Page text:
A toast to Edgar Allen Poe

"In A Strange City"
By Laura Lippman (William Morrow, 310 pps., $24)

Buy it at in hardcover

Reviewed by John Orr
November 2001

One of Baltimore's greatest mysteries is the identity of the yearly visitor to the grave of Edgar Allan Poe. Every January 19 since 1949, a tall person dressed in black has arrived between midnight and 6 a.m. and left a half-full bottle of cognac and three roses on the grave, marking the birthday of the inventor of the mystery novel.

Life magazine once managed to get a photograph of the Poe Toaster -- from a respectful distance -- but nobody has really tried too hard to establish or publish an identity.

Baltimore Sun reporter Laura Lippman uses the Poe visitor as a starting place for her latest mystery, "In A Strange City."

Lippman's hero, Tess Monaghan, a private detective who was once a newspaper reporter, is approached by an antiques collector using what turns out to be a fake name. He wants Monaghan to trail the mysterious Poe Toaster and discover his identity. The collector says he was cheated in a business transaction, and somehow the Poe Toaster is involved.

Monaghan isn't the kind of person who would unmask a department-store Santa, much less one of Baltimore's favorite traditions, so she refuses the case.

But she goes to the late-night vigil anyway, with her boyfriend, Crow, and is on hand when two Poe Toasters show up, and one of them is murdered.

With no client for about 200 pages, Monaghan bumbles around trying to find out who the antiques collector was, and what he has to do with the killing. Before long a half-full bottle of cognac and three roses are left at her doorstep, and she fears she may also end up a target.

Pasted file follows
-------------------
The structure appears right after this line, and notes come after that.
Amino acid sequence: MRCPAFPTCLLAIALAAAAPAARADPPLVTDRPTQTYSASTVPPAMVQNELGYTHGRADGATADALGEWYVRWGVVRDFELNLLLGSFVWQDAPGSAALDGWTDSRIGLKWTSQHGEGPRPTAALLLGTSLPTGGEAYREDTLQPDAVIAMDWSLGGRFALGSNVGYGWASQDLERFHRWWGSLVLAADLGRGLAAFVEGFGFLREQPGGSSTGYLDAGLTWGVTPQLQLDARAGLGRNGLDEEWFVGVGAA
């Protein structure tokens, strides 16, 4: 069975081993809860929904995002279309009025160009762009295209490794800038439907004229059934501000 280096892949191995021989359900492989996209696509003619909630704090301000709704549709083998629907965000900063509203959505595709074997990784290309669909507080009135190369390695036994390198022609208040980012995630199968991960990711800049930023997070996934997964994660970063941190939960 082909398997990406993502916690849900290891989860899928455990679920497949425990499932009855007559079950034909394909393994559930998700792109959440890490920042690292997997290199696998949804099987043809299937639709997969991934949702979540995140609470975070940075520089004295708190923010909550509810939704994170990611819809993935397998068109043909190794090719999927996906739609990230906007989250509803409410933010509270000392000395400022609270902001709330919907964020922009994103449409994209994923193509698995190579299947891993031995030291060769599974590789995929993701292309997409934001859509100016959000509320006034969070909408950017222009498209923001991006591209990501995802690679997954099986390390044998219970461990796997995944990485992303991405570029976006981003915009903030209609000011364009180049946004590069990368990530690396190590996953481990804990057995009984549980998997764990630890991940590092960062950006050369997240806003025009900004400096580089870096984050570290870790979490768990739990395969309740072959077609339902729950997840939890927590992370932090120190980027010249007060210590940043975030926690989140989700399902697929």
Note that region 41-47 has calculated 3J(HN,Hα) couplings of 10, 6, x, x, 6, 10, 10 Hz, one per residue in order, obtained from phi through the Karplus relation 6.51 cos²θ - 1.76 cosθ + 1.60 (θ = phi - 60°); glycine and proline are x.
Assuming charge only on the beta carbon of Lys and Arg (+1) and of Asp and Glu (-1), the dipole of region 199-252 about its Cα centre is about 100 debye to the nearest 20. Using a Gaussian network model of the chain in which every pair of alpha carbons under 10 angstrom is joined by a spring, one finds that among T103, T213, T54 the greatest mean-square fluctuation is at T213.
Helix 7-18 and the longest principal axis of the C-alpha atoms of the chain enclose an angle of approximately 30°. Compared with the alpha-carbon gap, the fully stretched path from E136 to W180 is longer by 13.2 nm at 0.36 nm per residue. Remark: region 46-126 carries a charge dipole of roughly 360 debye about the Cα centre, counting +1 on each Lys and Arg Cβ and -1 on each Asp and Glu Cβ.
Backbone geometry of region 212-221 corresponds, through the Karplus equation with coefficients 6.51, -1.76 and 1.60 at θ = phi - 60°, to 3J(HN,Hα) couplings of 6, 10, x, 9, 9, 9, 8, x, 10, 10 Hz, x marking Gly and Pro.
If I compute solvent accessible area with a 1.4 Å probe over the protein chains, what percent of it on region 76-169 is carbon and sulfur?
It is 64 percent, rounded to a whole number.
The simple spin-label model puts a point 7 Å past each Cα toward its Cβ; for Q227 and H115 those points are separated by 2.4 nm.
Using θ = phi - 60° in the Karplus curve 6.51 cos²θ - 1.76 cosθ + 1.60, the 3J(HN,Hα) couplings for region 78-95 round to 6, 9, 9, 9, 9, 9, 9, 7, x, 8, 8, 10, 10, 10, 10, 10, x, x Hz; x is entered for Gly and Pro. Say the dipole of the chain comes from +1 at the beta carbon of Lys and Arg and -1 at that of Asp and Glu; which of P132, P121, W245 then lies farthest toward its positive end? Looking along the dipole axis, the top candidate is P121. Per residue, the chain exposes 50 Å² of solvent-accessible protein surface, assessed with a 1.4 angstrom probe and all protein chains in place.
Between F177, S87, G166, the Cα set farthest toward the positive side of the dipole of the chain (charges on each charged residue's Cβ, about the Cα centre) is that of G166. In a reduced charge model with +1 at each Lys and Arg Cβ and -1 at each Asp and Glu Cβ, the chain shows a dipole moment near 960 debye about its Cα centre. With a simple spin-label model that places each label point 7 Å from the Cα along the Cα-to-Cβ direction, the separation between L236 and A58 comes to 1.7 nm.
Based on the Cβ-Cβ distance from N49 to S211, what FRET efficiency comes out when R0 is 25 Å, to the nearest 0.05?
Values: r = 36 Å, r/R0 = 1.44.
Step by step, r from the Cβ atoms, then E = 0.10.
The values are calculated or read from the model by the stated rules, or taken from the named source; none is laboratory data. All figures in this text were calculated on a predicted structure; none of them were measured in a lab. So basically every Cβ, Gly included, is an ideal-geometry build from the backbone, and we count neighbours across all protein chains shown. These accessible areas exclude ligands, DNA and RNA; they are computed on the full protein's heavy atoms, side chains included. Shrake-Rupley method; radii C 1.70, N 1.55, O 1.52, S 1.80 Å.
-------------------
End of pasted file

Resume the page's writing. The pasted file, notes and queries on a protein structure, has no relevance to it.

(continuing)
Lippman can write a complete sentence, and Monaghan, Crow and her dog are nice enough, but there is a lot of dead space in this novel that makes it a bit of a drudgery to get through -- except, perhaps, for readers who are fascinated by the city of Baltimore or by how much Monaghan hates the press -- which she skewers frequently in this tale.

Monaghan's investigation touches informatively and amusingly on the odd world of antique scouts and collectors, though without the thoroughness or charm of Larry McMurty's fine novel, "Cadillac Jack."

There are fun little details of identity and mistaken identity scattered throughout "In A Strange City" that make it a mildly amusing read. Her last pages wrap up a lot of it.

The quality of clues scattered throughout is questionable. I correctly guessed the identity of the murderer in the chapter in which that person was introduced, but I doubt Lippman meant for it to be that obvious.